- Spine (Philadelphia, Pa.: 1986) 01/1988; 13:173-178.
THE ROLE OF THE NUCLEUS PULPOSUS IN NEUTRAL ZONE HUMAN
LUMBAR INTERVERTEBRAL DISC MECHANICS
*Cannella, M; **Arthur, A; *Allen, S; *Joshi, A; ***Vresilovic, E; +*Marcolongo, M
+*Department of Materials Science and Engineering, Drexel University, Philadelphia, PA
Removal of the nucleus pulposus is common in discectomy
procedures. While the clinical outcome of these procedures is generally
good, a comprehensive understanding of the role of the nucleus in
intervertebral disc mechanics is still warranted. Numerous groups have
examined the role of the nucleus in mechanical behavior of the disc,
indicating that the removal of the nucleus leads to increased
displacement and that the more nucleus removed, the more displacement
increases. Koebbe et al. state that high clinical success rates are possible
with full disc decompression . We hypothesize that the contribution
of the nucleus pulposus to the mechanical behavior of the disc is more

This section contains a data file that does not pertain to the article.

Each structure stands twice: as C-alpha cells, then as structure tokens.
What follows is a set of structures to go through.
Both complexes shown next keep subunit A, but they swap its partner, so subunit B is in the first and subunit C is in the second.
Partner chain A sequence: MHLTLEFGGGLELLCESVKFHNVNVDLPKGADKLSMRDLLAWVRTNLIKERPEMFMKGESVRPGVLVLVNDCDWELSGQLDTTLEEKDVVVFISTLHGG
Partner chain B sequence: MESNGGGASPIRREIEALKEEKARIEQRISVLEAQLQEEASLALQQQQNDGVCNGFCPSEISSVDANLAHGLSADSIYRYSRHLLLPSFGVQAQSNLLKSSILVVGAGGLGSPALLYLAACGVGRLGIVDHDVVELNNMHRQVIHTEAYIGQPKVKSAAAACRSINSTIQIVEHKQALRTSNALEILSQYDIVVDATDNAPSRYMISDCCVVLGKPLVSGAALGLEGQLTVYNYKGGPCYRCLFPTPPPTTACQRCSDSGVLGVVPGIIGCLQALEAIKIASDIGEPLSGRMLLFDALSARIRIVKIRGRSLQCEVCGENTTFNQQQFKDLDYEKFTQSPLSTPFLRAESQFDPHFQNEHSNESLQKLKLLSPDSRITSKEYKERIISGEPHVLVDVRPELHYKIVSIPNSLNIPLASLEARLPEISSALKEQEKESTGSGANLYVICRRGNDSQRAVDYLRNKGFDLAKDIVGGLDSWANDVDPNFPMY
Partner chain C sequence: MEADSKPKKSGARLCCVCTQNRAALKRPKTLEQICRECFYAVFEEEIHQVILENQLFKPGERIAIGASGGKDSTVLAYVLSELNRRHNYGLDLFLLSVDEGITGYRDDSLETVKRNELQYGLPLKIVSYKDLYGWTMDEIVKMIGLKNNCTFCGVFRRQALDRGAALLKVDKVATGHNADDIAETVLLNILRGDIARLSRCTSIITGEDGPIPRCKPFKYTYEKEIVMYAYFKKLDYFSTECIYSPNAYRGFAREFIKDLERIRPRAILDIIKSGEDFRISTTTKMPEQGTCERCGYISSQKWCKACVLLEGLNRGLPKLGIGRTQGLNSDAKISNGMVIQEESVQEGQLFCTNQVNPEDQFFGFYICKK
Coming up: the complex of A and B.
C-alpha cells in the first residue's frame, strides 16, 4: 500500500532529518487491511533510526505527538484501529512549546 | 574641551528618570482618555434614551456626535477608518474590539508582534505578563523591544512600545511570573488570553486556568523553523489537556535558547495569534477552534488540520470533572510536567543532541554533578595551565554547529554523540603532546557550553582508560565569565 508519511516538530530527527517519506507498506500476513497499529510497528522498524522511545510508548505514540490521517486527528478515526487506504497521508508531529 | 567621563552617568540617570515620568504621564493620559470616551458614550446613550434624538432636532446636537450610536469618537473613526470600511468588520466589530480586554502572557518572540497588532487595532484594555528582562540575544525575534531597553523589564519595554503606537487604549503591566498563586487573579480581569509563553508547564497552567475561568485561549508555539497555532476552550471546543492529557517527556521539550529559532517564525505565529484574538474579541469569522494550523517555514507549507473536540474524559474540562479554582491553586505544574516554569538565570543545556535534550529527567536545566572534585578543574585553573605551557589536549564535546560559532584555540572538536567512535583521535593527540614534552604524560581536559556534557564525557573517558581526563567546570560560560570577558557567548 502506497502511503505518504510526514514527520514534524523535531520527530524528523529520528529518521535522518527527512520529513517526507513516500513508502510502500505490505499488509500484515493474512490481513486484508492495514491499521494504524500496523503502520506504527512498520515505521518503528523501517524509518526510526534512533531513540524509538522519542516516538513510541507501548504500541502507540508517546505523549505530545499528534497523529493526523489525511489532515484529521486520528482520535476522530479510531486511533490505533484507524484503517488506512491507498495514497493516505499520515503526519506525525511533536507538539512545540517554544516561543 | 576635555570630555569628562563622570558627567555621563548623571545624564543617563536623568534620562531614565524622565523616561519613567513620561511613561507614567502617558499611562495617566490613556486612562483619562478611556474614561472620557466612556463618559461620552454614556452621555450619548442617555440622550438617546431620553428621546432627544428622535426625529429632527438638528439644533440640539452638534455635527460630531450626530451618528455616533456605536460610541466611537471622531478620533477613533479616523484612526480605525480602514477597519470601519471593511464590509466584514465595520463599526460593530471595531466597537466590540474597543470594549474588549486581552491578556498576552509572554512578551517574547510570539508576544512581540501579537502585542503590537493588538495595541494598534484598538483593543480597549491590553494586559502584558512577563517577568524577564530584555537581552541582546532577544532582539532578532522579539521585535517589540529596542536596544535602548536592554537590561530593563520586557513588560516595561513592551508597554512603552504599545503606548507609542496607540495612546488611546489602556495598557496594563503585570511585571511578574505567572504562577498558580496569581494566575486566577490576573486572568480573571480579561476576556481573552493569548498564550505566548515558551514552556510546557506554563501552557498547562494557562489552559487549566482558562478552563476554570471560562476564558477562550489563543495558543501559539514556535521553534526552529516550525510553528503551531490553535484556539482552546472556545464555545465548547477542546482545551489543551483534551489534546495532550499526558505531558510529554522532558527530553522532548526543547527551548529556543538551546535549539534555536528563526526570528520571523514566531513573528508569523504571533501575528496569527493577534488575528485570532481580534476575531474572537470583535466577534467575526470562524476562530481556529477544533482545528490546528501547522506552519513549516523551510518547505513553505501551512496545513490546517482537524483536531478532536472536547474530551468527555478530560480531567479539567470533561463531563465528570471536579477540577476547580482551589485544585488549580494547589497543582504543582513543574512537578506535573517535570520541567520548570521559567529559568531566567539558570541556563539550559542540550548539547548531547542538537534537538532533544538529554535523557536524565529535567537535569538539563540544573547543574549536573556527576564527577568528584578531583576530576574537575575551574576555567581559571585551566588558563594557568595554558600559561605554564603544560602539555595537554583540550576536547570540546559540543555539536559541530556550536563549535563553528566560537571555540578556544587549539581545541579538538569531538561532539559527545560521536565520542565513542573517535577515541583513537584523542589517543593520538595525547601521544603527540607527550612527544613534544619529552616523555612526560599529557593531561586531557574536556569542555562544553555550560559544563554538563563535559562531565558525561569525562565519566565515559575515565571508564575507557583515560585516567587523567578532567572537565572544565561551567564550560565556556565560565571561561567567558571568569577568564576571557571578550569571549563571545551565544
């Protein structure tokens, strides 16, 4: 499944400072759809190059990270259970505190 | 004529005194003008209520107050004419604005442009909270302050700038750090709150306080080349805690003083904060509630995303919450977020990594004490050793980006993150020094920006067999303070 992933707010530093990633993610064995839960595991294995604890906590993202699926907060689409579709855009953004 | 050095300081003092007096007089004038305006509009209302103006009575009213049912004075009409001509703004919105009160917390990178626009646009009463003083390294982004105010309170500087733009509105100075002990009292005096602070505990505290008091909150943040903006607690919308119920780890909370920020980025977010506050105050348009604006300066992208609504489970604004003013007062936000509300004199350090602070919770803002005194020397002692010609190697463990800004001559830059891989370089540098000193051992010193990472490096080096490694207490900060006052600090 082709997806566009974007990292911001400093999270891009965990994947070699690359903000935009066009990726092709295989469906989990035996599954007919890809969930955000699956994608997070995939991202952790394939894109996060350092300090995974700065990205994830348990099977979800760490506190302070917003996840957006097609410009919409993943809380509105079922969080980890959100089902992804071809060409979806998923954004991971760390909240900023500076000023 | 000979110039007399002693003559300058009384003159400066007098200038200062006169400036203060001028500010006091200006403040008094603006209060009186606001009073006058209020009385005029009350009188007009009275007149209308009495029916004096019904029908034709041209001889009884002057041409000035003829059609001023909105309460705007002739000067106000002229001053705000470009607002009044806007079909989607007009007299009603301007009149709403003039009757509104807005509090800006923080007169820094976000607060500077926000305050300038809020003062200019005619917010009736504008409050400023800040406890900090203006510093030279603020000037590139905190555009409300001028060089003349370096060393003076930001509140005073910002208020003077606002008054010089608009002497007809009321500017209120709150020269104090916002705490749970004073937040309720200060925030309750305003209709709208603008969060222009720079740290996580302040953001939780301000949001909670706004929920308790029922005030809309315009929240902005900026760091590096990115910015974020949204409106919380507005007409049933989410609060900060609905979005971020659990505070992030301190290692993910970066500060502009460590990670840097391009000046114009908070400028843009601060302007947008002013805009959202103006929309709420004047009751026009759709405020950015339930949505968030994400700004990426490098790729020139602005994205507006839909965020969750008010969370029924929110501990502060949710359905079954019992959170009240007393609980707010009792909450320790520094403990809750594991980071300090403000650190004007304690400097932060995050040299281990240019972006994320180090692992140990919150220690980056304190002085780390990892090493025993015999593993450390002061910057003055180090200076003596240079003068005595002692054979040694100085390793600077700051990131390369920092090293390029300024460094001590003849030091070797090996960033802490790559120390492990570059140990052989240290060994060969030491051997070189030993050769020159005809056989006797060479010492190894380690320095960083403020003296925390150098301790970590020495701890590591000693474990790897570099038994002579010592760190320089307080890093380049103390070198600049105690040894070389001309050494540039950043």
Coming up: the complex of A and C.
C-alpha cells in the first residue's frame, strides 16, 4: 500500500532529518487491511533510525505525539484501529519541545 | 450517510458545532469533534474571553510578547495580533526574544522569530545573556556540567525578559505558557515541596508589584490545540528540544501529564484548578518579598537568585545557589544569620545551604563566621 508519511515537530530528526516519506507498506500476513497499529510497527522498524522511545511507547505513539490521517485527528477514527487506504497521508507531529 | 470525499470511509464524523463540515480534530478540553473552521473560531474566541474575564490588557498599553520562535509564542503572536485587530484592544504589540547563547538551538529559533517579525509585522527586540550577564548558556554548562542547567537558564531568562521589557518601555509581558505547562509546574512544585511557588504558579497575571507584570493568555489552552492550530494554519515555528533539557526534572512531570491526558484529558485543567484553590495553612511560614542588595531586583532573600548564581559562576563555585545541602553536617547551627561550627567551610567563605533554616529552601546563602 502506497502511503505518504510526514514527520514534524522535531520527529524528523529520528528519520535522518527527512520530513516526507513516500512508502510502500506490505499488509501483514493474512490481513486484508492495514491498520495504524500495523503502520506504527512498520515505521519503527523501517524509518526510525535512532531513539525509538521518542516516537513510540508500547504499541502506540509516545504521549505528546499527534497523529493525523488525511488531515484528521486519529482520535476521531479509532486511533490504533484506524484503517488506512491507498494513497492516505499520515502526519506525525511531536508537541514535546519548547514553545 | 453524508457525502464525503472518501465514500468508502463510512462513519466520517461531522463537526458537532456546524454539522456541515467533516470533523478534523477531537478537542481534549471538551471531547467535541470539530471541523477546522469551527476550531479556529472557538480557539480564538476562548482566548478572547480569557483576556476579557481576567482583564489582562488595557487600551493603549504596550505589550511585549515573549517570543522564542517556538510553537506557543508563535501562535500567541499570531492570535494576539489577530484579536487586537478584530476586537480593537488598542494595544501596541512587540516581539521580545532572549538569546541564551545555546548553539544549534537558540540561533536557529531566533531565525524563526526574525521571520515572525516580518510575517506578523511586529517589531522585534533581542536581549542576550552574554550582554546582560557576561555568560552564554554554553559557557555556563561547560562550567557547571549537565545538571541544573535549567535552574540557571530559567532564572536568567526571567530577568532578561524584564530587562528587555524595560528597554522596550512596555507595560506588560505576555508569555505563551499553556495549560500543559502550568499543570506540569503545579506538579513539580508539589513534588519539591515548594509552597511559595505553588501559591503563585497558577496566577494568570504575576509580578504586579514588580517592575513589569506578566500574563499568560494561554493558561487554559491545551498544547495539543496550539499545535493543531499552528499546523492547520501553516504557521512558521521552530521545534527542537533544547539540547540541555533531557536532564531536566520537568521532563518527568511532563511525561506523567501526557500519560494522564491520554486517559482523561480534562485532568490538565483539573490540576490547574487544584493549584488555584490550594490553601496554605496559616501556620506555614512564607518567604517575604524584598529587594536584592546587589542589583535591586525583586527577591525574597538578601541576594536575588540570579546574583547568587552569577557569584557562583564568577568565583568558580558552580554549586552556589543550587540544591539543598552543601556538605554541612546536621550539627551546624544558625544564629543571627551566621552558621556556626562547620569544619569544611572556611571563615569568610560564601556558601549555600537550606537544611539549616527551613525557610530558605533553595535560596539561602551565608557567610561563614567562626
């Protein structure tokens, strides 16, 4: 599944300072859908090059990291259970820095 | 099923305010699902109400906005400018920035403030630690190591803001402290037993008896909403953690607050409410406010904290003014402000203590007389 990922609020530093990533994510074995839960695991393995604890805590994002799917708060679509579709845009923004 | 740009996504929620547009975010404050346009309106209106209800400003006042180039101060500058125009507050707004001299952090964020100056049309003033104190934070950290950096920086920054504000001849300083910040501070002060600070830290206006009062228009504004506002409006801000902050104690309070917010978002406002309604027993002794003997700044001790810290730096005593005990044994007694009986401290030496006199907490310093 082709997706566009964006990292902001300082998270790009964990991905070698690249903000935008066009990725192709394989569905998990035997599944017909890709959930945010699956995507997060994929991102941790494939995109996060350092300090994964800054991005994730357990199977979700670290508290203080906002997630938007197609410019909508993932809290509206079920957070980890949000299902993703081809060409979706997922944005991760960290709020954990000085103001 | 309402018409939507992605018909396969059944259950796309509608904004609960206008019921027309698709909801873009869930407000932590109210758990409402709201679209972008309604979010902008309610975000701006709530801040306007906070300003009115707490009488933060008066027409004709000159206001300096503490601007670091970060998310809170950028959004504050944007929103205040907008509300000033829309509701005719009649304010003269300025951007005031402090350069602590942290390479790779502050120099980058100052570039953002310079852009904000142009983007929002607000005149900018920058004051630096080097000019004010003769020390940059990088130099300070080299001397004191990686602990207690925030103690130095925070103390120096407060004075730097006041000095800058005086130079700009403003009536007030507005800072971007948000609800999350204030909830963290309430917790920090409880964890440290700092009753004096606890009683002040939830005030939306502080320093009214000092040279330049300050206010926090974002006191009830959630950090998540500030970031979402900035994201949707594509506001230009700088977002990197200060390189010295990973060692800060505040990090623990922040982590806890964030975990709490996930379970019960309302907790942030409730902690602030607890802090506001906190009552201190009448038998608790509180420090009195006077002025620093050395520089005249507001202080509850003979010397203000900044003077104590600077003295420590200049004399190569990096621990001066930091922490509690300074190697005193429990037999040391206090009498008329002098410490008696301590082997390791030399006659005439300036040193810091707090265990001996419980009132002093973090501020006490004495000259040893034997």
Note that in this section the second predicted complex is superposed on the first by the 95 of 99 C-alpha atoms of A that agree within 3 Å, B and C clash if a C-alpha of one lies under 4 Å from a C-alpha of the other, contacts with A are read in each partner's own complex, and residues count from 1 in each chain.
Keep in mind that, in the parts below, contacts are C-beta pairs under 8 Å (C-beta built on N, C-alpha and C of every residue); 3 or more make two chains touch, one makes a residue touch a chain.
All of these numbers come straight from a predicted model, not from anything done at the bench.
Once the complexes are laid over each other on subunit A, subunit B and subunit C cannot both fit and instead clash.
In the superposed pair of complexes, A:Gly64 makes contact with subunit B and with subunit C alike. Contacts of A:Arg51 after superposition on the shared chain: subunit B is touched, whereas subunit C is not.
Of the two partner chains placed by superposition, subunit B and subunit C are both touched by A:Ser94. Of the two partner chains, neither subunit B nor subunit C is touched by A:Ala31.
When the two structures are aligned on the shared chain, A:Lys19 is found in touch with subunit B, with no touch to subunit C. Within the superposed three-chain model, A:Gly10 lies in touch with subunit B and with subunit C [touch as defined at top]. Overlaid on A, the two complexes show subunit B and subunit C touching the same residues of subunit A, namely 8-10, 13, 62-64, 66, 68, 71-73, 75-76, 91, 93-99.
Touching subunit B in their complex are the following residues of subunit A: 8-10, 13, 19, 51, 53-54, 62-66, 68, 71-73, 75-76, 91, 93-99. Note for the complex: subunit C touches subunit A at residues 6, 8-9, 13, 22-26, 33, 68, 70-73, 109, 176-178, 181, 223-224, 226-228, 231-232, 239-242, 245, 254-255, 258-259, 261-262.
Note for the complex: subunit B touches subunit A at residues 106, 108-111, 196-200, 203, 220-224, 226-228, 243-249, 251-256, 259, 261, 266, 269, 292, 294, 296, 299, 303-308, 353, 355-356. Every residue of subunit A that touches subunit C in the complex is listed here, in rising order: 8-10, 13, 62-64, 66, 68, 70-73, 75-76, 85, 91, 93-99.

dominant through the neutral zone than at the farther limits of applied
loads and moments. In this work, we investigated the effect of partial
denucleation through a 2 mm incision on the compressive, tensile,
bending and torsional behavior of the intervertebral disc as examined
through anterior column units (ACUs) of human lumbar intervertebral
Two separate groups of six ACUs were harvested from six human
lumbar spines (3M/3F). The average specimen age was 47±19years,
ranging from 30 to 64years, for the first group and 49±13years, ranging
from 26 to 65years, for the second group. Each ACU was prepared,
potted, and kept moist throughout testing. Initial intervertebral disc
height under zero load was measured by a calibrated X-ray image
acquired with an FIS-Fluoroscan III (Fluoroscan Imaging Systems,
Northbrook, IL). The average intact disc height was 9.1±2.1mm,
ranging from 5.4mm to 10.9mm, and 7.2±1.3mm, ranging from 6.2mm
to 9.5mm, for the first and second groups, respectively.
The first group of specimens (Data Set 1) was tested in axial loading
after several incremental steps of partial denucleation. Preconditioning
was performed in displacement control at 3% of initial disc height (DH)
for 50 cycles with a sawtooth wave shape at 1Hz using a servohydraulic
dynamic test system (Model no. 8874, Instron, Corp., Norwood, MA).
The intact disc was then tested in load control with a 5 cycle sawtooth
waveform at 0.1Hz from 150N tension to 1500N compression.
Intradiscal pressure was collected inside the nucleus pulposus through
the anterior annular wall. Under a 50N compressive load (to simulate
lying prone), a portion of the nucleus tissue was removed by an